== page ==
Acquired factor XIII deficiency is also in the differential diagnosis of FXIII deficiency. The etiology behind acquired FXIII deficiency is discussed above.

Prognosis

Congenital deficiency of FXIII is an extremely rare disorder, and acquired FXIII deficiency is even rarer. Patients who receive replacement factors live a normal life span. There are no large scale studies to determine the rate of mortality. Intracranial hemorrhage is the most common cause of death in untreated patients.[21] 

Complications

Complications from congenital FXIII deficiency is seen in untreated patients. Intracranial hemorrhage is the major cause of death in untreated patients with FXIII deficiency. In neonates with congenital FXIII deficiency delayed-type, umbilical stump bleeding is the represents the first classic clinical sign. Other common sites of bleeding are muscles, subcutaneous soft-tissues.

Deterrence and Patient Education

All patients and families must be educated regarding the nature of the disease. All patients must wear alert bracelets, clearly indicating their diagnosis. They must be registered with appropriate tertiary care centers that can provide expert care at all times in the event of uncontrolled bleeding. All patients with severe FXIII deficiency must have education regarding various prophylactic strategies, especially if they have had an intracranial bleed previously. All women of childbearing age must be counseled regarding pregnancy. Healthcare providers, including primary care providers, must be educated regarding the nature of the disease. All providers must remain in close communication in the event of a bleeding episode.

Pearls and Other Issues

FXIII deficiency is a rare bleeding disorder where patients present with a normal coagulation profile. A high index of suspicion is needed to diagnose FXIII deficiency. A strong family history of bleeding disorders, history of consanguineous marriage, or a history of belonging to high prevalence areas (like Iran) may be present. There is a mismatch between the severity of factor deficiency and clinical presentation. A clot solubility test usually makes a diagnosis. However, this is not a sensitive or specific test, and a lot of variations exist between different institutions. Quantitative assays are preferred screening tests but may not be available in resource-limited settings. Immunologic assays are used only to classify the diagnosis. Cryoprecipitate is used widely in the treatment and prophylaxis for patients with FXIII deficiency. Now a recombinant FXIII is also available for the same purpose. Acquired FXIII deficiency is extremely rare. However, it has been described in elderly individuals and/or in those with numerous comorbidities, especially auto-immune diseases.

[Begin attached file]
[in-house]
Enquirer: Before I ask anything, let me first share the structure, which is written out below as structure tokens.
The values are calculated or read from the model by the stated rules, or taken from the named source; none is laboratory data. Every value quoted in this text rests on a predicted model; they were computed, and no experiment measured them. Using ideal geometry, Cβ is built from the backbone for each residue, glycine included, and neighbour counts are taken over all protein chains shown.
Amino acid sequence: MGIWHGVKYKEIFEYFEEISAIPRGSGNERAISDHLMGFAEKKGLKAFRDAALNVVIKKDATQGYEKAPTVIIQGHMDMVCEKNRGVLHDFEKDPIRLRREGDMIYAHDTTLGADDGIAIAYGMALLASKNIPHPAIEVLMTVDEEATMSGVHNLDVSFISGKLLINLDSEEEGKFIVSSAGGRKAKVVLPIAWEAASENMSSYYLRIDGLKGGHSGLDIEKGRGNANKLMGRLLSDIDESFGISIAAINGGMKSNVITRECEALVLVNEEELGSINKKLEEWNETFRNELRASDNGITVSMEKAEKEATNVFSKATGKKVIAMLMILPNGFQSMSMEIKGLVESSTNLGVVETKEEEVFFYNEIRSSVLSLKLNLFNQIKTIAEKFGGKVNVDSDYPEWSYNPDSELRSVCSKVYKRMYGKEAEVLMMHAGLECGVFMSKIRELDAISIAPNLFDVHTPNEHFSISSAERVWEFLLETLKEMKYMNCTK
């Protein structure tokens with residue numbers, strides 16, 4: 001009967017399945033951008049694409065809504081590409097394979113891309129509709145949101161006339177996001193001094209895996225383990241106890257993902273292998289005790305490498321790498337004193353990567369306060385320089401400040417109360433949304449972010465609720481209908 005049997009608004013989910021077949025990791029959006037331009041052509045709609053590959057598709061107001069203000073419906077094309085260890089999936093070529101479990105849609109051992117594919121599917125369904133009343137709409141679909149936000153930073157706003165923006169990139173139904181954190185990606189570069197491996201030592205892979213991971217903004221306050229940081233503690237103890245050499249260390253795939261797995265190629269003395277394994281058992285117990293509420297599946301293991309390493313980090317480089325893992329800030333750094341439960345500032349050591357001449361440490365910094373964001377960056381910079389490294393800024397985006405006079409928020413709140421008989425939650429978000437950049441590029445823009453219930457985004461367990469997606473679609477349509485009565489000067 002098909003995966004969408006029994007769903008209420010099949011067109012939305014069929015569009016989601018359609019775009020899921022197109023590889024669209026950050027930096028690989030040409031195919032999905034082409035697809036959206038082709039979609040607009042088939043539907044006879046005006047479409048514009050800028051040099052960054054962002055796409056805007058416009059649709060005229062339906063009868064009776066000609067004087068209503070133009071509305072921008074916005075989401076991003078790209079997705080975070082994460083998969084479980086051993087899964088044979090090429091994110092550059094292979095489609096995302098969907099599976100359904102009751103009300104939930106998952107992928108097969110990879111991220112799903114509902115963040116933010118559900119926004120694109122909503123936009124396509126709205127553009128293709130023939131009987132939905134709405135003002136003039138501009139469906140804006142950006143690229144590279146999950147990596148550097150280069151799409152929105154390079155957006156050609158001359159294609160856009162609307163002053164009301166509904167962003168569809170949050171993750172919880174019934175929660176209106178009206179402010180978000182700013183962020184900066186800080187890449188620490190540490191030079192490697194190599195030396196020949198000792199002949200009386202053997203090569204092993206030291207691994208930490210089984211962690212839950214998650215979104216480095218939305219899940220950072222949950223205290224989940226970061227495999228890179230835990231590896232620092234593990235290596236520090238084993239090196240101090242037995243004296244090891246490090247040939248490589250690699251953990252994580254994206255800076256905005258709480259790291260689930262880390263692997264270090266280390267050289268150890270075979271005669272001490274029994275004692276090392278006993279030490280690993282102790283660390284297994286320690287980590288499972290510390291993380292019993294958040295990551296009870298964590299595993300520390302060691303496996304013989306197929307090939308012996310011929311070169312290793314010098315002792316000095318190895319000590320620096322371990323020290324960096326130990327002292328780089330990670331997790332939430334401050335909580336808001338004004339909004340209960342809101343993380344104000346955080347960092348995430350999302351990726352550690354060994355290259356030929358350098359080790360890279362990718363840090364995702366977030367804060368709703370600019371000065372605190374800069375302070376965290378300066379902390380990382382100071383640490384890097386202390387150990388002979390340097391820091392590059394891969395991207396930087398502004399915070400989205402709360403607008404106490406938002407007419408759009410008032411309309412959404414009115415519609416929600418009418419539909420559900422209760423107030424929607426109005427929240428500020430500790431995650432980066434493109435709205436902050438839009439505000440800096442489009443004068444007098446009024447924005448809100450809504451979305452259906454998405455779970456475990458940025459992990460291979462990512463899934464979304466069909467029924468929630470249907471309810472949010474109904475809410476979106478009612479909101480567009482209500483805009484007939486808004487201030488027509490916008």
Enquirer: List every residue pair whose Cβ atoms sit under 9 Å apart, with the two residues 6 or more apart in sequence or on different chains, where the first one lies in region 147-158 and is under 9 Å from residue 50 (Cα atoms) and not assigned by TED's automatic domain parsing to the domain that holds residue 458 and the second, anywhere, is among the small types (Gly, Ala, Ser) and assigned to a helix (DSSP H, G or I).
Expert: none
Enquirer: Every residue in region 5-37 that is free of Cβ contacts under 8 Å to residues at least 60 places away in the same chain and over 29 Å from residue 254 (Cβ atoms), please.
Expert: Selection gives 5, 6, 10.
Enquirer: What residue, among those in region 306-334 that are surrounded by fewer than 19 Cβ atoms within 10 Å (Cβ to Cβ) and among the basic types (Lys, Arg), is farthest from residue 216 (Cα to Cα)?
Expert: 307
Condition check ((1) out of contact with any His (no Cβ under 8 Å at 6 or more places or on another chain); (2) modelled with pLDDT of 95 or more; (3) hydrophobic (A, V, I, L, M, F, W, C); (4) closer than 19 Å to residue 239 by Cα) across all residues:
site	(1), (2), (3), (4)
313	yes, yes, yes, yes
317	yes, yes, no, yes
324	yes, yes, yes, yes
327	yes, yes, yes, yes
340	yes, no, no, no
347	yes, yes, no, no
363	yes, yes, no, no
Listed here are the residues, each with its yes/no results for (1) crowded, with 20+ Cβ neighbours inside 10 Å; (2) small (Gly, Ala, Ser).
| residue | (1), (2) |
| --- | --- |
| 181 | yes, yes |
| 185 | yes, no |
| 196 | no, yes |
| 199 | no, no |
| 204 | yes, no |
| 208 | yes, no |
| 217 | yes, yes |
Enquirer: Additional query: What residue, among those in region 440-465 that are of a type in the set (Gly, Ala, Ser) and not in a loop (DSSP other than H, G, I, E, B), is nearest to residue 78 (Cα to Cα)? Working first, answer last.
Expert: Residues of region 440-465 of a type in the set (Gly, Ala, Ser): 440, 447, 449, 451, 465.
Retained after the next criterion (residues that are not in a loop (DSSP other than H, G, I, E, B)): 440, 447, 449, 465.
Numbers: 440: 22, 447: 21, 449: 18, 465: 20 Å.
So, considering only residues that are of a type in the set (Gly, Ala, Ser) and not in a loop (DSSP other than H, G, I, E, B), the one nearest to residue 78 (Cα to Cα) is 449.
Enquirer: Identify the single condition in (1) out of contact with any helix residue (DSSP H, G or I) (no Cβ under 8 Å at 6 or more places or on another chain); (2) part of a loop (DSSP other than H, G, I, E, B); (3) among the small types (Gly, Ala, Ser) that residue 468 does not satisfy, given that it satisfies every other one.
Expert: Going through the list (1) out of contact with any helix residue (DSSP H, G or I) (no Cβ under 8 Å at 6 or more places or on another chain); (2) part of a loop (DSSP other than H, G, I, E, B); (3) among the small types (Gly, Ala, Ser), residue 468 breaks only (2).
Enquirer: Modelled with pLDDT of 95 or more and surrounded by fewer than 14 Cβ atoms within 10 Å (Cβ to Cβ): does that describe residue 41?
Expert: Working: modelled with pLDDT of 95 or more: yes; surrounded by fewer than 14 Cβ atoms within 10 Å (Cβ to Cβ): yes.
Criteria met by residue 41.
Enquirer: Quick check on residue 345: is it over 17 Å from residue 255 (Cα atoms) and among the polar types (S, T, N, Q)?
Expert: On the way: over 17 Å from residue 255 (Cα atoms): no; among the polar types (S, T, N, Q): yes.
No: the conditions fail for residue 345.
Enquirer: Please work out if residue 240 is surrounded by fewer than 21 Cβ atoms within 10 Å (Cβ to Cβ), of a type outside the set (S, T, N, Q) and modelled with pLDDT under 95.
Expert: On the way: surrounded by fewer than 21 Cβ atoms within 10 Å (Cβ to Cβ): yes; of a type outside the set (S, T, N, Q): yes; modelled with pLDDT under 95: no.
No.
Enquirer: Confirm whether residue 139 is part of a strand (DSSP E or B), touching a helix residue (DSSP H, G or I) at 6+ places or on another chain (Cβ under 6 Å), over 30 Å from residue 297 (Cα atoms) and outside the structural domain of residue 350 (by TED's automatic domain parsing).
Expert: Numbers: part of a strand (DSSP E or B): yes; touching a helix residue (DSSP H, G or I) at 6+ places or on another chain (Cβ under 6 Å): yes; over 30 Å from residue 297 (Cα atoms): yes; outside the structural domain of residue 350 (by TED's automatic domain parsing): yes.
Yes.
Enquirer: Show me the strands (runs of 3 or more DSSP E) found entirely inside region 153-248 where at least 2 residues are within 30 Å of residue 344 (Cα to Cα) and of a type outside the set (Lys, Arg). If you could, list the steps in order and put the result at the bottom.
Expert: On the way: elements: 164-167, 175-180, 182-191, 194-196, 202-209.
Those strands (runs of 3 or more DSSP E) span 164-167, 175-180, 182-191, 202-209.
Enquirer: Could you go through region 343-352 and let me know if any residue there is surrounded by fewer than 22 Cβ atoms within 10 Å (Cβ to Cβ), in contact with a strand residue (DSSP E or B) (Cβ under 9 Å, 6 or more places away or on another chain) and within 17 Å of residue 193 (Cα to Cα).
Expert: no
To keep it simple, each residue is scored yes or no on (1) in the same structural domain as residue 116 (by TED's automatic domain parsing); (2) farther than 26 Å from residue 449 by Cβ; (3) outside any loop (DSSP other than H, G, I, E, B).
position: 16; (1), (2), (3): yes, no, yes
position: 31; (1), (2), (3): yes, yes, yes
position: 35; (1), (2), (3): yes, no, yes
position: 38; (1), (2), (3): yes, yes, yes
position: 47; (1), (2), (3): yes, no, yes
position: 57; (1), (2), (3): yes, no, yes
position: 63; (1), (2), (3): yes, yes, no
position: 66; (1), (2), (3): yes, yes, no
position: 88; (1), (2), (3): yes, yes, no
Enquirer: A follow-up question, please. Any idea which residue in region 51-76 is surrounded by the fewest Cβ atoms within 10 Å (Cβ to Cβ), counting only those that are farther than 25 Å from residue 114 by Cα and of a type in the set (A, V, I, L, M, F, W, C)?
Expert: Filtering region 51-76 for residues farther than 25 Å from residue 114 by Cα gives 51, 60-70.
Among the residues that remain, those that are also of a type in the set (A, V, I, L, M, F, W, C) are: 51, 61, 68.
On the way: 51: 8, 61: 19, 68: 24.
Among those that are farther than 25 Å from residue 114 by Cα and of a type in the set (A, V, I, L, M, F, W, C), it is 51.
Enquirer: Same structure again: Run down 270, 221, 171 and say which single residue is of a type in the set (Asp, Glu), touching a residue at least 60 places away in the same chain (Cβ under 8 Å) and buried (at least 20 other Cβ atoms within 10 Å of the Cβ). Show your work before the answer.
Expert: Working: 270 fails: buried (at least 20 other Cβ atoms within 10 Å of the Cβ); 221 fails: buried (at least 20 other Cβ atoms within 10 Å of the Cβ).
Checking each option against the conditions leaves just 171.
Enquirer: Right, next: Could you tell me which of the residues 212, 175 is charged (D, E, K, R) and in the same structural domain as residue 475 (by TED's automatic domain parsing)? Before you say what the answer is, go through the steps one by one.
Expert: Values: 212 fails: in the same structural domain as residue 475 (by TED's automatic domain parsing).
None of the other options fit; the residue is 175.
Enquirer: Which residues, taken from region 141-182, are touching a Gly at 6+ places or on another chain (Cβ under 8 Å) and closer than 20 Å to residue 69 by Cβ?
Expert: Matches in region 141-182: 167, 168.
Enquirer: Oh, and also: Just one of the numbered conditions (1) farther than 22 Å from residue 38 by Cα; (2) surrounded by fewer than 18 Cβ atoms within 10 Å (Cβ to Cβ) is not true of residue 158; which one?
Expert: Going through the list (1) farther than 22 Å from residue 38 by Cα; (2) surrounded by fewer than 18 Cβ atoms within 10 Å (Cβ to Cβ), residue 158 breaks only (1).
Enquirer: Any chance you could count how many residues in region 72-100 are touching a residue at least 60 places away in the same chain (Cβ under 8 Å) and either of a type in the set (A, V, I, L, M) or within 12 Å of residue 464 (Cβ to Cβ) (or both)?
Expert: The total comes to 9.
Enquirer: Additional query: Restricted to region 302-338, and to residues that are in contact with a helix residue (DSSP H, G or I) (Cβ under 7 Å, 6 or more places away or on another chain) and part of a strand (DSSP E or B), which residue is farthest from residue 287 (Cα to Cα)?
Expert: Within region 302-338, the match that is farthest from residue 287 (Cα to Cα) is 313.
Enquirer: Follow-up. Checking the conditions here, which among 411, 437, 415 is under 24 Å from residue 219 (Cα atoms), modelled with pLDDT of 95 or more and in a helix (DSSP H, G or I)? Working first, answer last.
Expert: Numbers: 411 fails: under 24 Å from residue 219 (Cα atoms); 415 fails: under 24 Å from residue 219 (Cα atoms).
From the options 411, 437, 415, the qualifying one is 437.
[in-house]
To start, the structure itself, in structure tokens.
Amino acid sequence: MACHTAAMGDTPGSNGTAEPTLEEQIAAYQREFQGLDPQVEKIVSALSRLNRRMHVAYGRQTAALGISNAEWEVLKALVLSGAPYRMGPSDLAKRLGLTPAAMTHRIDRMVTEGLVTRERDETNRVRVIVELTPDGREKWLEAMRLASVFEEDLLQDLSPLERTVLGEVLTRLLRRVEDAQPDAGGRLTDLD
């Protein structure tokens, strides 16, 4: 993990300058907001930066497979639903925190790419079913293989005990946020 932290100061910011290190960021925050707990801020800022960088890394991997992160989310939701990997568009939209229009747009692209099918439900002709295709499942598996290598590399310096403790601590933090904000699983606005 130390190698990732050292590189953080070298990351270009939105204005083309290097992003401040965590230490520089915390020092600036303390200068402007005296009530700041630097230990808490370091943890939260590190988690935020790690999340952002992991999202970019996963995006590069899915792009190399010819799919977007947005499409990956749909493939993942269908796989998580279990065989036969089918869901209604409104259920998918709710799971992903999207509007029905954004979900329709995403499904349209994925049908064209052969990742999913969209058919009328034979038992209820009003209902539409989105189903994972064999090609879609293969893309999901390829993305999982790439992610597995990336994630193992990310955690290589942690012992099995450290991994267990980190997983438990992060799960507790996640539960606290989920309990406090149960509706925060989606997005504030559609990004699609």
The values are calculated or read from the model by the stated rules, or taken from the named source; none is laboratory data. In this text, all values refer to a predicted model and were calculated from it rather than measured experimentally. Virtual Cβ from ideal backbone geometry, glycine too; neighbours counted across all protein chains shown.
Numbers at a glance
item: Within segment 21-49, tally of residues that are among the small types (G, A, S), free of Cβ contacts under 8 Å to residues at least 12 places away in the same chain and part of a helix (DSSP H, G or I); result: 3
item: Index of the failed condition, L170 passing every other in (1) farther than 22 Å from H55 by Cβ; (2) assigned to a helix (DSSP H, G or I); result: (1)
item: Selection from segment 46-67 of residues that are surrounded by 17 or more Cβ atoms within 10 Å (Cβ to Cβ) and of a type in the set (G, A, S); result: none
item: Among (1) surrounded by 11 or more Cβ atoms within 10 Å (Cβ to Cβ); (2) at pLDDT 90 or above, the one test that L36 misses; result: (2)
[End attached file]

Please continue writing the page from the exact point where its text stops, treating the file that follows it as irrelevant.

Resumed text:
Enhancing Healthcare Team Outcomes

FXIII deficiency is a rare disorder, and a high index of suspicion is needed. The evaluation begins by eliciting proper history and performing a complete physical examination. All elective surgeries must be planned in consultation with a hematologist to help control the bleeding. In emergencies like traumatic hemorrhage, hematologists must be consulted to assist with the management of bleeding. Transfusion medicine must be involved in making blood products available in a timely fashion. In the event of pregnancy, prospective parents from a consanguineous marriage must be screened for being carriers of FXIII deficiency. If found positive, then they should be counseled on the risk of congenital FXIII deficiency in the child. All pregnant women must be managed in a high-risk obstetrics clinic in consultation with a hematologist. The women with severe FXIII deficiency who get pregnant must be supported with FXIII supplementation to prevent loss of pregnancy. 

FXIII is a rare disorder, hence the evidence available for this article is Level 3 at best.


References